Outstanding service, a sincere dedication to its team members and an ongoing commitment to convenience retailing earn the Louisville, Ky. chain the industry’s oldest and most prestigious award.
By John Lofstock, Editor.
The late Steve Jobs, CEO of Apple Inc., once said, “A lot of companies have chosen to downsize. We chose a different path. Our belief was that if we kept putting great products and great service in front of customers, they would continue to open their wallets.”
Thorntons Inc. is the kind of company Jobs would appreciate.
While the convenience store industry has experienced quite a bit of merger and acquisition activity over the past two decades, Thorntons has gained a reputation as a special company that cares about its team members, customers and the communities it serves. Even during the recessionary climate of the past two years, the Louisville, Ky. chain has never missed an opportunity to delight its customers, honor its team members and grow the business.
For its hard work, outstanding customer service and its commitment to retailing excellence, Convenience Store Decisions is proud name Thorntons the 2011 Convenience Store Chain of the Year.
Thorntons is a most deserving winner. The chain operates 162 stores and exhibits outstanding leadership that begins with President and CEO Matt Thornton. The family-owned business, co-founded in 1971 by Matt’s father, James Thornton, is also celebrating its 40th anniversary this year.
“As a company, Thorntons is focused on being the best—the best employer to our team members who offer the best service to our customers in the best stores in the industry,” said Matt Thornton. “We are extremely honored to receive the Chain of the Year award because it offers recognition of the hard work everyone in the company puts forth every day. It’s a total team effort, and I’m proud of each and every team member that helped us earn this achievement.”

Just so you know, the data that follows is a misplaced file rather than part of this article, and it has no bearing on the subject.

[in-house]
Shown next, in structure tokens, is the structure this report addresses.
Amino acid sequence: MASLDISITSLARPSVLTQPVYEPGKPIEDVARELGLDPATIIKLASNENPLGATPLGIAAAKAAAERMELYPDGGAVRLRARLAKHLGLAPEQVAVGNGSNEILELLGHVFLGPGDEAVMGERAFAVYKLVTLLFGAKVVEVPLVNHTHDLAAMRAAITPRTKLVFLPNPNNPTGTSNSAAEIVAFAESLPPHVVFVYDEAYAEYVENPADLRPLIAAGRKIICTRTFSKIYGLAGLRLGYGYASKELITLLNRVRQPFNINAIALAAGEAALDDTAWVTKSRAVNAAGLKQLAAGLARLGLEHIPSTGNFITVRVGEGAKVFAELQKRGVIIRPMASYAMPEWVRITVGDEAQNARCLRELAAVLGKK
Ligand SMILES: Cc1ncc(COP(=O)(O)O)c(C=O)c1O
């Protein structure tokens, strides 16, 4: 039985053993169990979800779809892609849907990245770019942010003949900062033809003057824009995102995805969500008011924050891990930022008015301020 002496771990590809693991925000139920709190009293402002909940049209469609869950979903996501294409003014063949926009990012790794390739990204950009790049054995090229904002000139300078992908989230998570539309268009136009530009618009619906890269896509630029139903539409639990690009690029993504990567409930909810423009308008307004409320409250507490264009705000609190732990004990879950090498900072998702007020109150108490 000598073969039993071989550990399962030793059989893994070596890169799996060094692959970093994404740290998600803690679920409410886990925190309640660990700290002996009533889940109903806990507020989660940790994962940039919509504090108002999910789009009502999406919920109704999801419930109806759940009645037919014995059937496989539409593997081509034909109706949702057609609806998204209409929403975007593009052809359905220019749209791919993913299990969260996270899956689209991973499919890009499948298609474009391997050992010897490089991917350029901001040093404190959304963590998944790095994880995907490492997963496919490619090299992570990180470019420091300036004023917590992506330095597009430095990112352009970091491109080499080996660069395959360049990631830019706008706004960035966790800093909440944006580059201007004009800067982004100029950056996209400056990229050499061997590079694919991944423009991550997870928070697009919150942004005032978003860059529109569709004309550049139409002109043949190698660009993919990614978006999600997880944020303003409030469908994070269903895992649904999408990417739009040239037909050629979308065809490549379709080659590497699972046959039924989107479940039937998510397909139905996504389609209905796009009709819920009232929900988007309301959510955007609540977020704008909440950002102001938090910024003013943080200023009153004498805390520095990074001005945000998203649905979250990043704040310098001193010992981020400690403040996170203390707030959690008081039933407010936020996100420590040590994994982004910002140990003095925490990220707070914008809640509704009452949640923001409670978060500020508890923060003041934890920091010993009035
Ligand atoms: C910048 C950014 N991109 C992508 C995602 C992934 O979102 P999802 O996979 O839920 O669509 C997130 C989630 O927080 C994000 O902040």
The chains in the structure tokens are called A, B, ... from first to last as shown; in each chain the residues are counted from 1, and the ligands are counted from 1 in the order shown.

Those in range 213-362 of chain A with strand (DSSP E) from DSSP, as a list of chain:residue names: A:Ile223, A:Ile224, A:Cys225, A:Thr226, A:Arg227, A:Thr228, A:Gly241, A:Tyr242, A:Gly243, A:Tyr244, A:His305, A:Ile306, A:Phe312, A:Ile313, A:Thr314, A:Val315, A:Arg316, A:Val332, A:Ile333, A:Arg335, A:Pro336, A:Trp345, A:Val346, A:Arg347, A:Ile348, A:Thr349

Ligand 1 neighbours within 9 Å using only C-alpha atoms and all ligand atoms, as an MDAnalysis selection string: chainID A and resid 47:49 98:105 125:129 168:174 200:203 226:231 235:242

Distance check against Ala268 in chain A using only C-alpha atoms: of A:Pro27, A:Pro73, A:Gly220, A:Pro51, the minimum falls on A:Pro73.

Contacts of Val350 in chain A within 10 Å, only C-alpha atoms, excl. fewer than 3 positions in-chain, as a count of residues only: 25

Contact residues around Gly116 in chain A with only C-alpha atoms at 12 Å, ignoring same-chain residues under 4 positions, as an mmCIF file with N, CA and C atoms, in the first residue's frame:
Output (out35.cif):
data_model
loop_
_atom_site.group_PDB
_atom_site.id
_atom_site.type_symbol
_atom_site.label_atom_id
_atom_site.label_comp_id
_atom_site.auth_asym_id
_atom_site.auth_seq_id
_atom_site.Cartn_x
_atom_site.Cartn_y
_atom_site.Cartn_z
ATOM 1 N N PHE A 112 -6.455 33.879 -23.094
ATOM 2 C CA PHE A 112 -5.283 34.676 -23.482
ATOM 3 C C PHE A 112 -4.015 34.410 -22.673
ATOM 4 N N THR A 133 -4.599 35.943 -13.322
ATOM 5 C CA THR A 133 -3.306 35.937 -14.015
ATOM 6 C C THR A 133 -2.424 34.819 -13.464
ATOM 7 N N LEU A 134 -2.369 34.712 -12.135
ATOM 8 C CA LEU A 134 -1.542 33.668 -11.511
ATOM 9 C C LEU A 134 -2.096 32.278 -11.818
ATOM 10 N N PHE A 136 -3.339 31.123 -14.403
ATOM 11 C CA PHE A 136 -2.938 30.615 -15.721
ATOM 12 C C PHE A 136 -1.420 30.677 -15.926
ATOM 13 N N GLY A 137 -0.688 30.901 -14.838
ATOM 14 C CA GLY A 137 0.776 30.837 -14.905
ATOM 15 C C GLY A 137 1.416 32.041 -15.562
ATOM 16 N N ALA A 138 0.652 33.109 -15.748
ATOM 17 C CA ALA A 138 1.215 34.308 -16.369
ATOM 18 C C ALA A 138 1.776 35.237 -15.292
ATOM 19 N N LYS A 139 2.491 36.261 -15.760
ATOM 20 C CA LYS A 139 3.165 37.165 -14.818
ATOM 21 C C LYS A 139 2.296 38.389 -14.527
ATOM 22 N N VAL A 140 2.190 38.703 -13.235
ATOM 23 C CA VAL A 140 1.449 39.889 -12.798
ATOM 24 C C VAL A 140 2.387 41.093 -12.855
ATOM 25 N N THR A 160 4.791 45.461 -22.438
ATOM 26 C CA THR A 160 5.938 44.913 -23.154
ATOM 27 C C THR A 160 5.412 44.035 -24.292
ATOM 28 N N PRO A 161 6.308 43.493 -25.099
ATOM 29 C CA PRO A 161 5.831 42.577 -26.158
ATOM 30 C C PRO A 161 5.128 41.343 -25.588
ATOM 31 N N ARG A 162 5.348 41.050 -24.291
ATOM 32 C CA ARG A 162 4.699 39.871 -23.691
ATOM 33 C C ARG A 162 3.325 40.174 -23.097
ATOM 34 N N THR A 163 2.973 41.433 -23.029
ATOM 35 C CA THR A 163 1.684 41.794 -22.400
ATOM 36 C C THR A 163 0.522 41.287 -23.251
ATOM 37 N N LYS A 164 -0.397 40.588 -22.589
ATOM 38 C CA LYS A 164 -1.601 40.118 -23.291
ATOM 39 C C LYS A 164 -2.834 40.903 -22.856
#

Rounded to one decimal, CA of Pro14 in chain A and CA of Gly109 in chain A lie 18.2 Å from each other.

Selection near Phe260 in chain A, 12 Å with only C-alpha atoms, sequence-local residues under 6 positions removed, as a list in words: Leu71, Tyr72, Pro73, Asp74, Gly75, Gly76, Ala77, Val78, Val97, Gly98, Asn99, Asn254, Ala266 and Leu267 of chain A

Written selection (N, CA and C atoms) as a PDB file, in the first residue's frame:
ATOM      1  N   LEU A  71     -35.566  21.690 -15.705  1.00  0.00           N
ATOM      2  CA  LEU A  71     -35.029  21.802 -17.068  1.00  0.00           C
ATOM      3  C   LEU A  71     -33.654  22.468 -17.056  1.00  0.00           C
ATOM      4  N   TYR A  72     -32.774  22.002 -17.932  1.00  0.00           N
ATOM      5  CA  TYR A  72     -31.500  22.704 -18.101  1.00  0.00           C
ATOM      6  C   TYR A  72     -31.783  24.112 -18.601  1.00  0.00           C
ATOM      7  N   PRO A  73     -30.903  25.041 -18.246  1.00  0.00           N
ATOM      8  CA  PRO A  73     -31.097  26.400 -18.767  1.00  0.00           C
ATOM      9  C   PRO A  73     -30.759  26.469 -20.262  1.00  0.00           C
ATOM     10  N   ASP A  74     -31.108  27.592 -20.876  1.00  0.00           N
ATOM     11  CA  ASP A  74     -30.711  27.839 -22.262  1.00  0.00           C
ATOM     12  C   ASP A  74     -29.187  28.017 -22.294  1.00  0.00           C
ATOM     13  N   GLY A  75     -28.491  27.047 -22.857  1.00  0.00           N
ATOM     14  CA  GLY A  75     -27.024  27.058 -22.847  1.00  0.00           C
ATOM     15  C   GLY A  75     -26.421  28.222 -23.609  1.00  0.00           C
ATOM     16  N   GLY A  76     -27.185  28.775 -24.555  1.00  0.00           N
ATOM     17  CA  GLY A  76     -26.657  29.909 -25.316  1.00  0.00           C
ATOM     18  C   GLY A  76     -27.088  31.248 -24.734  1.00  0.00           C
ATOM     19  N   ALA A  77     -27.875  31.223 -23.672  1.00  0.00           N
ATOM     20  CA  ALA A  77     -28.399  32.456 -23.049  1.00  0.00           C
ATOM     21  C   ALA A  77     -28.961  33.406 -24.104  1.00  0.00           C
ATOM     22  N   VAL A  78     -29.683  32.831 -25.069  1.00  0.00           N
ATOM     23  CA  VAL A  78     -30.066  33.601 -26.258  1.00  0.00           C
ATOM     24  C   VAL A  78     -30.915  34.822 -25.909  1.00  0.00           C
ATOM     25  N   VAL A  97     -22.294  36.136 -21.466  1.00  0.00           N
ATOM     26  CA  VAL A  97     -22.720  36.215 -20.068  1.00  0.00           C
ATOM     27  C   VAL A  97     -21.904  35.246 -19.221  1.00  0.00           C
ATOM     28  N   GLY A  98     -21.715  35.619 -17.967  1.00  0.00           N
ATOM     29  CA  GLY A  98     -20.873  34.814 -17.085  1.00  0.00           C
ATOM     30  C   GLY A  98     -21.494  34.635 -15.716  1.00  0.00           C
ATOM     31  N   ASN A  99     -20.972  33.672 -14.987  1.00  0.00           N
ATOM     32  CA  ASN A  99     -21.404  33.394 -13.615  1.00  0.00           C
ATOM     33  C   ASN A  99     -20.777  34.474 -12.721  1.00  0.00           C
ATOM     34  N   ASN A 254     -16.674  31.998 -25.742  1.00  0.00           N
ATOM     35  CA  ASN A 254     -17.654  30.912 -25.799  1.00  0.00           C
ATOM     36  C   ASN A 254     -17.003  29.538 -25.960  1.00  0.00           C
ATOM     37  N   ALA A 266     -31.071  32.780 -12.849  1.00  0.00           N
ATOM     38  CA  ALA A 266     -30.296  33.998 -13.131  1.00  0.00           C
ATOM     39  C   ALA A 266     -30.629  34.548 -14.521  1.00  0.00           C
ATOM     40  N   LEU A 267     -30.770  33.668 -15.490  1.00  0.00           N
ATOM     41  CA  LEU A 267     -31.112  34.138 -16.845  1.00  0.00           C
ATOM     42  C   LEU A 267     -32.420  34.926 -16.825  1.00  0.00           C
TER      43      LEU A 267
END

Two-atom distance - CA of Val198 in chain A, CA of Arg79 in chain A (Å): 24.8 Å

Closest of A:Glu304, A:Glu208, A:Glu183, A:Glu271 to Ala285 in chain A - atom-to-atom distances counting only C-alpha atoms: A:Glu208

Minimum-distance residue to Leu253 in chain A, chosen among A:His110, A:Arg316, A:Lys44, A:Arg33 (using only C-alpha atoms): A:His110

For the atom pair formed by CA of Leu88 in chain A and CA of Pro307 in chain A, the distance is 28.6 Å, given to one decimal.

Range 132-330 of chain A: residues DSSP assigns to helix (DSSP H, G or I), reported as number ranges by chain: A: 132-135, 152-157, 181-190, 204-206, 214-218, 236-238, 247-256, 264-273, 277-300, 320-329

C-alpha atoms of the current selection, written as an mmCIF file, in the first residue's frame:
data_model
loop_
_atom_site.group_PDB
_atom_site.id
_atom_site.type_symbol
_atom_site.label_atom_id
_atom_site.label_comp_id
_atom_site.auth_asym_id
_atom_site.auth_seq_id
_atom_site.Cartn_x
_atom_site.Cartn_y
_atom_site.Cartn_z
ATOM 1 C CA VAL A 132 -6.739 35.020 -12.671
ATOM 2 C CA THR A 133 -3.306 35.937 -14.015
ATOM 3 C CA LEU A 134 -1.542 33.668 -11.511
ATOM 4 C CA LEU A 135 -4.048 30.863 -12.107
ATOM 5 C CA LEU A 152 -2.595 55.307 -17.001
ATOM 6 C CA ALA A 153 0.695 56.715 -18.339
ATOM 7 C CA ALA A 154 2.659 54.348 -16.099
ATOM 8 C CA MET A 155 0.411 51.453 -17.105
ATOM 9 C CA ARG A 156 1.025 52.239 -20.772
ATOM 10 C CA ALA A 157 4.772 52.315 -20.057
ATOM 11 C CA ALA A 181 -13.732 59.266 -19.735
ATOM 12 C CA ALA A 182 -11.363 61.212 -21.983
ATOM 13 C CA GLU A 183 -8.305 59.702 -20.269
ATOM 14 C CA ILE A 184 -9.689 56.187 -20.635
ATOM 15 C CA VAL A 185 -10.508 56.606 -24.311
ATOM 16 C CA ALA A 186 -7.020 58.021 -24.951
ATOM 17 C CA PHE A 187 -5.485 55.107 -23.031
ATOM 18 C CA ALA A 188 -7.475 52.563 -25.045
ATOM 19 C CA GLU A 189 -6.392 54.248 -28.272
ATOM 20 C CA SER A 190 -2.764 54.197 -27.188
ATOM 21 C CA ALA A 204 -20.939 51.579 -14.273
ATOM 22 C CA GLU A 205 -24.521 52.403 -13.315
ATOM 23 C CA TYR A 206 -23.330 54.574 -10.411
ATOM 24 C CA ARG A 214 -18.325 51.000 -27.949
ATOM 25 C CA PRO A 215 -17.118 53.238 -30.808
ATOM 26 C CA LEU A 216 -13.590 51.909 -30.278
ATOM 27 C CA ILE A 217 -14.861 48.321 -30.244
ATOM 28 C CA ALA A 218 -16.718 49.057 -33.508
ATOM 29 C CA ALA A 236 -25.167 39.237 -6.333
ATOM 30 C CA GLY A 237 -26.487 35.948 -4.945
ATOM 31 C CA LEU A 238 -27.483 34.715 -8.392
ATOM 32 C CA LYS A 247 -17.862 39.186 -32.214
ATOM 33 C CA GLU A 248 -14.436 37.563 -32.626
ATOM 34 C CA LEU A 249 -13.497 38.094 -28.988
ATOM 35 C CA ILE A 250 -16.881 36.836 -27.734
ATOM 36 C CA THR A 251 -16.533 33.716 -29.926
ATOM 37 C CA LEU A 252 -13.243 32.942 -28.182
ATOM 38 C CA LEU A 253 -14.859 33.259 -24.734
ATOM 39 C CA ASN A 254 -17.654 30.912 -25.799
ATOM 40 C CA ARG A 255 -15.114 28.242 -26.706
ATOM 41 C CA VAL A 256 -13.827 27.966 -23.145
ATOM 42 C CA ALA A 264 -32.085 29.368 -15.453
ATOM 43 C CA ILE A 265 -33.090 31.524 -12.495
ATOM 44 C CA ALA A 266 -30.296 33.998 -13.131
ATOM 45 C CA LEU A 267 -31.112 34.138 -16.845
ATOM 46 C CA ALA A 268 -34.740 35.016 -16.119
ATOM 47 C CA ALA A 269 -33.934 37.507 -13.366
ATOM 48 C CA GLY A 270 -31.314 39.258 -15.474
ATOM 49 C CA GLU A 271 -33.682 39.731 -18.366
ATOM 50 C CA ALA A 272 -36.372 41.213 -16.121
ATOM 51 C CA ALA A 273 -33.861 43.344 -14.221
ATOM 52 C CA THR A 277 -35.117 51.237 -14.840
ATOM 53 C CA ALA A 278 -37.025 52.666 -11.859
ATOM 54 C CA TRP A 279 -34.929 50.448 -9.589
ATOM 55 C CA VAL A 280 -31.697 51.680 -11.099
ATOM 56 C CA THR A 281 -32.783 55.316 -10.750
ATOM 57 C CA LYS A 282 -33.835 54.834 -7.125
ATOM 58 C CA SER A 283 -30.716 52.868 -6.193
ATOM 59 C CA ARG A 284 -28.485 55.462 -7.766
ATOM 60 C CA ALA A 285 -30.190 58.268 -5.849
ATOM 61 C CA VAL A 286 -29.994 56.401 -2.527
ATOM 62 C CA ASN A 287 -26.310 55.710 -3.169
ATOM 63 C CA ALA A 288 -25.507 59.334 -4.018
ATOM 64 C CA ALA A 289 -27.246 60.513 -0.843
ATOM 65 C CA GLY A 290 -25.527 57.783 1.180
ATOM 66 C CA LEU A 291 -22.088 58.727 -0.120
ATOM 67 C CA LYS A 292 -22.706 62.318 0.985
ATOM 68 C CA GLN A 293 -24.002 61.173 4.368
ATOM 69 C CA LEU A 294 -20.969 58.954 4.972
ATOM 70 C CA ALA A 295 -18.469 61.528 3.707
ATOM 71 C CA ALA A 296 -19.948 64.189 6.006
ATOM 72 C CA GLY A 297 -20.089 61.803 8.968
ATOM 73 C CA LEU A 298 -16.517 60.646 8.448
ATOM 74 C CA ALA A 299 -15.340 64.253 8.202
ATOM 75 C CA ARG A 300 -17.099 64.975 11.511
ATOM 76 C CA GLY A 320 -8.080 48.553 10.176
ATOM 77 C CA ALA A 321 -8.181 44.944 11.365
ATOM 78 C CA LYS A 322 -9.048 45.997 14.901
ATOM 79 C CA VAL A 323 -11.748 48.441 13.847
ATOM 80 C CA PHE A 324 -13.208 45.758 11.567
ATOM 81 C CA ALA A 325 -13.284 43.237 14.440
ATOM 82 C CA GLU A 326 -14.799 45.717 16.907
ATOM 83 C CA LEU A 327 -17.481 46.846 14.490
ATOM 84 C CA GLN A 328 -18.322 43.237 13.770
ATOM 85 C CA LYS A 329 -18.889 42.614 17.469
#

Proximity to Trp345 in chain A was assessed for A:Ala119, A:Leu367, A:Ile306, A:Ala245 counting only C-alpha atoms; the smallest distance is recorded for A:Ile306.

Culture of Convenience
During our due diligence phase in selecting this year’s award winner, the one thing that stuck out both in talking with the folks from Thorntons and others in the industry is the contagious culture the company has created internally that quite literally permeates out to the customers it serves.
“The success of our team members is critical to the success of our company,” Thornton said. “One of our missions is to recognize and reward the outstanding team members serving our customers. As our team members are satisfied they take pride in serving customers. This drives new business, but it also builds a contagious culture that allows us to connect with our customers.”
The proof of Thorntons’ achievements lies in the numbers. Thorntons’ annual revenues have surpassed $1.7 billion and the company in 2010 ranked No. 250 among Forbes 500 largest privately held companies.
Among its key plans to grow the convenience store business over the next 12 months are:
• To expand E-85 fuel were viable. In 2010, Thorntons expanded the availability of E-85 to 20 locations from seven.
• Continue refining the category management process.
• Expand the fresh food offering following the successful implementation of a roller grill program with Sara Lee and new fresh food offerings in 2010.
• Focus on hot, cold and frozen dispensed beverages to improve the offering and meet consumer demand for unique products.
• Develop an annual general manager conference to recognize key team members and suppliers.
• Implement a general manager compensation program to closer align and reward general managers for profit growth.
As the business grows, Thorntons is spending a great deal of time on becoming an employer of choice throughout its five Midwestern states. As the company has grown, it has also matured in key operating areas like recruiting and retaining top employees.
“Over the years we began to hold ourselves to a higher level of leadership, meaning that we recognized that we had to have our employees’ interest at hand at all times and dedicate a good amount of time toward developing the leaders of tomorrow,” said Tony Harris, Thorntons’ vice president of operations, who has been with the company for 17 years. “It is very much our belief that if we serve our team members the right way, they in turn will serve our customers well.”